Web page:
Meet the PhD Jury – Ty Ferré – University of Arizona

(23-12-2022) The Limits of Science - How Hydrogeology Is Succeeding and Failing Society and What We Can Do about It

Meet the PhD Jury – Ty Ferré – University of Arizona

PhD candidate: Robin Thibaut

Machine Learning for Bayesian Experimental Design in the Subsurface

Title of the talk: The Limits of Science - How Hydrogeology Is Succeeding and Failing Society and What We Can Do about It

When: 21st of February, 2023 from 2pm to 4pm (to be confirmed)

Where: Classroom Valère Billiet, S8 (Campus Sterre)


The activity will start by a public lecture of about 75 minutes followed by an open discussion with the participants. Interested PhD students can get the opportunity to meet in person with Ty Ferré to discuss their own research. Interested PhD students should register in advance (email to to plan a 1-to-1 discussion with Ty Ferré.


Why don’t decision makers pay more attention to science? Perhaps it’s because scientists don’t pay enough attention to their questions that they are asking. In this talk, I will present an overview of the state of the practice in hydrogeologic analyses. I will point to exciting new efforts to improve our analyses, including the presentation of quantitative uncertainties and the development of application-driven modeling tools. Then I will present a few reasons that these advances are not enough to ensure that science is doing as much as it can to support water-resources decision-making. To improve, we need include the unique benefits of the Wisdom of the Crowd and the Team of Rivals decision making approaches. I will end with some thoughts on how process-based modeling can incorporate these ideas and touch on the opportunities and challenges presented by the emergence of Machine Learning to including these concepts in hydrogeologic analyses.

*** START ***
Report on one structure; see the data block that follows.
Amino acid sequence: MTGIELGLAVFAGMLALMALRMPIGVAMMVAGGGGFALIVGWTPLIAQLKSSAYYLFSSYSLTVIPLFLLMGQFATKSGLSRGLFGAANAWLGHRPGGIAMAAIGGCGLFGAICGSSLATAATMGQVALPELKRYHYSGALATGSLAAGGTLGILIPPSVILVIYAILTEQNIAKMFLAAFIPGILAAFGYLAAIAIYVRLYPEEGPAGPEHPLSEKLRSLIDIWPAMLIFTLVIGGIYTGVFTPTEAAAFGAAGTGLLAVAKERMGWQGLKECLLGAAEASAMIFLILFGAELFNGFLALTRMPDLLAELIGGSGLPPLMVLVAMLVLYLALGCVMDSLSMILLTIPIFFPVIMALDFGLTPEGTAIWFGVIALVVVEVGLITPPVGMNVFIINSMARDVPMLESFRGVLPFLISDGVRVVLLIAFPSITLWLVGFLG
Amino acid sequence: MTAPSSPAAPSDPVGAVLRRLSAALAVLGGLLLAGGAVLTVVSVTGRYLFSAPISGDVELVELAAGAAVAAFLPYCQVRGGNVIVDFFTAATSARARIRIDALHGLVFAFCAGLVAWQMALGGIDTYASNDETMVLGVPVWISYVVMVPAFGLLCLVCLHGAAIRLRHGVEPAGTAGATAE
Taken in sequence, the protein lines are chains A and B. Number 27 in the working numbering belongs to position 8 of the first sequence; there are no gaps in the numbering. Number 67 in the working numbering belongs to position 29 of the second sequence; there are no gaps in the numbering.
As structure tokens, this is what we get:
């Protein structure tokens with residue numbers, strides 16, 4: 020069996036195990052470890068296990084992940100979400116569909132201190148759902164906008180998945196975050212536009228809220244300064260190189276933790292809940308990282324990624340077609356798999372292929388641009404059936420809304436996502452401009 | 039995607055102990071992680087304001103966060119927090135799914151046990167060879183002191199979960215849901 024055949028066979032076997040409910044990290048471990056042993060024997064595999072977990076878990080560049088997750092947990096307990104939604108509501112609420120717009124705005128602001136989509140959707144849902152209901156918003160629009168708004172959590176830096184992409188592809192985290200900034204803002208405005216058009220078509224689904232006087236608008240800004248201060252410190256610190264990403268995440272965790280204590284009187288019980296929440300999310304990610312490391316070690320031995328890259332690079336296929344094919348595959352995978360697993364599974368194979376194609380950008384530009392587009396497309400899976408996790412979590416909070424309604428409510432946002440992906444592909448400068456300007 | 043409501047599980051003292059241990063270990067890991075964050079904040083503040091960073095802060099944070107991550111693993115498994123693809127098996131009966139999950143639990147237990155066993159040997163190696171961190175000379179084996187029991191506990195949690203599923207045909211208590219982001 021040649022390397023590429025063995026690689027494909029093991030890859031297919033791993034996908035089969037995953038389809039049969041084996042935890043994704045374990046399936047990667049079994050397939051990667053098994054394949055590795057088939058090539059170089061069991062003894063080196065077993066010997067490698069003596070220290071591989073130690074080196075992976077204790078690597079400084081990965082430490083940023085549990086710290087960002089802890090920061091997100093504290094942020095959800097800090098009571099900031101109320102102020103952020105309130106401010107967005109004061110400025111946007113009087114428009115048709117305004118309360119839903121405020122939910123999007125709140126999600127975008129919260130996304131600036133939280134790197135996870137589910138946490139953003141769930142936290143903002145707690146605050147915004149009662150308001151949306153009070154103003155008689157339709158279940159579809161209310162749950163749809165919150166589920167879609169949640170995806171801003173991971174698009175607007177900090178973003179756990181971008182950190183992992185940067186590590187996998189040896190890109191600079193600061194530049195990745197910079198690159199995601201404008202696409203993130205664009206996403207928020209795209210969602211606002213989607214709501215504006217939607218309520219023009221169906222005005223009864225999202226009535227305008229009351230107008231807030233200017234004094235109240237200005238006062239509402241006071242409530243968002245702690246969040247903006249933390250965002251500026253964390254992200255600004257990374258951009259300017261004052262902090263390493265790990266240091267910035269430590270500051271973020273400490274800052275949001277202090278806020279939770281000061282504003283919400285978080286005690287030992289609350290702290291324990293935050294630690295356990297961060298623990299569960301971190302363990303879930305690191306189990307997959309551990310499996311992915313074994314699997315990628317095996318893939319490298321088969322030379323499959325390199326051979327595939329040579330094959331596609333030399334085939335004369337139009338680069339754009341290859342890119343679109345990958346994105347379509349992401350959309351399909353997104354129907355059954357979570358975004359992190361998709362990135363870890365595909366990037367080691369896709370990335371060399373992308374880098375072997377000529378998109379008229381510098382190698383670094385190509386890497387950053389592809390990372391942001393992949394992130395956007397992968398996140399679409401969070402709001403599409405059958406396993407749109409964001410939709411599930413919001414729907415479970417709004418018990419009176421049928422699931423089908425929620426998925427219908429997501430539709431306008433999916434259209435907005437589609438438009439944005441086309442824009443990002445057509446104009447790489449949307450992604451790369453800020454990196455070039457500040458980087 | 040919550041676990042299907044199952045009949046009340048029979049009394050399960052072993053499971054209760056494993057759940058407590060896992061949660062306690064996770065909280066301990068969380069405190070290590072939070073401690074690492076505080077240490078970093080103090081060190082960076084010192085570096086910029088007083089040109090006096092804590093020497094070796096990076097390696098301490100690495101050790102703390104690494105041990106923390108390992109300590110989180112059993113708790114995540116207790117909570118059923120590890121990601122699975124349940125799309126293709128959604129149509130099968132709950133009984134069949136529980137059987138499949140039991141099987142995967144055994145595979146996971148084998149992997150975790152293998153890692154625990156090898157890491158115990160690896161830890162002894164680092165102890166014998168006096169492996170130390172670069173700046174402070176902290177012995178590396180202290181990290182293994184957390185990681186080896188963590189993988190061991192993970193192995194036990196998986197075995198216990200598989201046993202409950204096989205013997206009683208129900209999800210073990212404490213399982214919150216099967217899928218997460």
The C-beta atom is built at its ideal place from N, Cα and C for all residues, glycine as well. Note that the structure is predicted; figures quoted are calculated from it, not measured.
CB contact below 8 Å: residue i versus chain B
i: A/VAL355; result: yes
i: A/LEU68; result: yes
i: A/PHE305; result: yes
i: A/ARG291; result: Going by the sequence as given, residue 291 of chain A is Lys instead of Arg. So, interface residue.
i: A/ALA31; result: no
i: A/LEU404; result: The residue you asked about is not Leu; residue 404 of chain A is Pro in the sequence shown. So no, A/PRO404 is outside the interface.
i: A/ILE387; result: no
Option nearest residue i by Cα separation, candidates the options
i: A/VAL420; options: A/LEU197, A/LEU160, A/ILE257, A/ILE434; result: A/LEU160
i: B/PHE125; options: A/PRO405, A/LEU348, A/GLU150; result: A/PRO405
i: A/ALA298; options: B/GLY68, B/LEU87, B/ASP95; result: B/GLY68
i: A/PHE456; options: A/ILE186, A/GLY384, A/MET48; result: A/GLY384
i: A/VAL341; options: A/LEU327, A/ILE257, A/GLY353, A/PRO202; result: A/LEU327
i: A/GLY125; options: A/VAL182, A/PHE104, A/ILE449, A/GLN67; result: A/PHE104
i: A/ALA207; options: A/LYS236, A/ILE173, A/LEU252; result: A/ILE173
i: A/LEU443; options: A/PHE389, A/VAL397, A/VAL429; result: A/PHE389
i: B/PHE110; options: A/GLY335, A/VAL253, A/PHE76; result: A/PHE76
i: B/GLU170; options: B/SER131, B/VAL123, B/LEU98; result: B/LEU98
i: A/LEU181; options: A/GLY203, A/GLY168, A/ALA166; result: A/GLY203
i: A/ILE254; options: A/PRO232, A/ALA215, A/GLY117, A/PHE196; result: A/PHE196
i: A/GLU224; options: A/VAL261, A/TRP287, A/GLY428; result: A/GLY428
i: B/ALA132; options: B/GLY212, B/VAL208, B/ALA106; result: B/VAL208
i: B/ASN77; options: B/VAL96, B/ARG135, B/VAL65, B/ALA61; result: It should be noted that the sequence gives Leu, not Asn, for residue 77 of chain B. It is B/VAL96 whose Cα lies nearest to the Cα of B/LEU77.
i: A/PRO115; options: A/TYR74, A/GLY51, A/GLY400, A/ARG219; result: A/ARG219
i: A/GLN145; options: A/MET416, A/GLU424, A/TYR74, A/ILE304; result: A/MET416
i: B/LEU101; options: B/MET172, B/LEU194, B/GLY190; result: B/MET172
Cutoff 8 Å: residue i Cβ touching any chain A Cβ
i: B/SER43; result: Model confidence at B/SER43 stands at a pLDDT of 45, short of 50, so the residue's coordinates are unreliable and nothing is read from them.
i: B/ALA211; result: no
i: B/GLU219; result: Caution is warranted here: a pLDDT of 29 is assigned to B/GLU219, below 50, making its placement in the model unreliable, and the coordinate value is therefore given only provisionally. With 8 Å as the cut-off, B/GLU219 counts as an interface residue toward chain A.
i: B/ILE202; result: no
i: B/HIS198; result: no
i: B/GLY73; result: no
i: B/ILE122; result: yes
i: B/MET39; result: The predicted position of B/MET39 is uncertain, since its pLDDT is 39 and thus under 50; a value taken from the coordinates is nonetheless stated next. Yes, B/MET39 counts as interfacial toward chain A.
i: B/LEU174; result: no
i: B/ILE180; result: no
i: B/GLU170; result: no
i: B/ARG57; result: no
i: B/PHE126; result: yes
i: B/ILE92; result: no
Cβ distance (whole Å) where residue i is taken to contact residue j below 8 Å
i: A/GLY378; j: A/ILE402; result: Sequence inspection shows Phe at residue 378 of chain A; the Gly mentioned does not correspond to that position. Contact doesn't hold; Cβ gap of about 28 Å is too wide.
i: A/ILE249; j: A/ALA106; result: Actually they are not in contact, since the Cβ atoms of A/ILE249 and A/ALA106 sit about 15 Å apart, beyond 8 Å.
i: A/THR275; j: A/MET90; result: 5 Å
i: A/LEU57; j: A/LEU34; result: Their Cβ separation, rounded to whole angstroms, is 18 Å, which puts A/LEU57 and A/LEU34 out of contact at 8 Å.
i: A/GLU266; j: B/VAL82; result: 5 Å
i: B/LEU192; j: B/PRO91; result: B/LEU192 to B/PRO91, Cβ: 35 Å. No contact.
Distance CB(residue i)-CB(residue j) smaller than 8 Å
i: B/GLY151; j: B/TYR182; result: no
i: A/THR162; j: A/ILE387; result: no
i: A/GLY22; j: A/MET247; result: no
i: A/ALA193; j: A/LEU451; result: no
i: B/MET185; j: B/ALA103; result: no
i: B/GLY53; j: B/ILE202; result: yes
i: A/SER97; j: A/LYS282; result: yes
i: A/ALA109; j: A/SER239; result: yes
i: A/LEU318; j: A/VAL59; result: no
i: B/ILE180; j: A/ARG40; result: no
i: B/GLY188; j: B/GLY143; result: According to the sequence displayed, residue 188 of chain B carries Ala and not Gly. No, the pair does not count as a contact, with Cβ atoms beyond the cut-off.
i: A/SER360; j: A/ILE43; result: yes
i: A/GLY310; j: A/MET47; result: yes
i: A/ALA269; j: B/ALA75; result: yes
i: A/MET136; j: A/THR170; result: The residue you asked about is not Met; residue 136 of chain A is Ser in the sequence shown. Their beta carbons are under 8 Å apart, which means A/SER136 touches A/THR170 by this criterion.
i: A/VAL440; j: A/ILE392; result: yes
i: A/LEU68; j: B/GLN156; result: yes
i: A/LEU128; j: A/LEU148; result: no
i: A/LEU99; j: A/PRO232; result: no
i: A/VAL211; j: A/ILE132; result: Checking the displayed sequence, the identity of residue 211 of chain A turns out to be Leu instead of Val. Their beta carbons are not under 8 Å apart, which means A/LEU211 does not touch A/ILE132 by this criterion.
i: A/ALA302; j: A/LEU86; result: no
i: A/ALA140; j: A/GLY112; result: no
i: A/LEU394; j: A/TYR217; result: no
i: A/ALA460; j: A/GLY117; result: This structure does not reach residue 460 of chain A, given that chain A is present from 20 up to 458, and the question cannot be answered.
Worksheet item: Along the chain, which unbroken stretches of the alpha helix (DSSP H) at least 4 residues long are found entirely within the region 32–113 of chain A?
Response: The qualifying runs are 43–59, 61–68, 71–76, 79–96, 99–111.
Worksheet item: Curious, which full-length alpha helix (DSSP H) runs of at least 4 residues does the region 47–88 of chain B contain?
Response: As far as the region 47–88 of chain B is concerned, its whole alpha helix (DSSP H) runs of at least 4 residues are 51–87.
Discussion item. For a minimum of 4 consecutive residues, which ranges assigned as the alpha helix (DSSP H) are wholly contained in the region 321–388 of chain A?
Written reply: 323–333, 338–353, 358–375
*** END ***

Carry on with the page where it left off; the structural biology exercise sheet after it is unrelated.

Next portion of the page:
Short Bio

Ty Ferre is a Distinguished Professor in the Department of Hydrology and Atmospheric Sciences at the University of Arizona. He received his PhD in Earth Sciences from the University of Waterloo, Canada, and a first degree in Geophysical Engineering from the Colorado School of Mines. In 2016, he was selected by the US National Groundwater Associated as the Darcy lecturer. This honor is awarded to an outstanding groundwater professional, and give them the opportunity to present a series of lectures at Universities and Professional associations throughout the world.

His research and teaching are best described as applied science. His early work focused on improving the use of geophysical methods in hydrology, primarily through harmonizing geophysical and hydrologic modeling approaches. That led to an interest in using quantitative models, with uncertainty, to assess the likely value of added observations as the basis for monitoring network design. Finally, his interest has landed on the integration of decision science, scientific analysis, and scientific observational design to address real-world problems. He hopes to answer the question: how can we use measurements and models to improve water-resources decision making?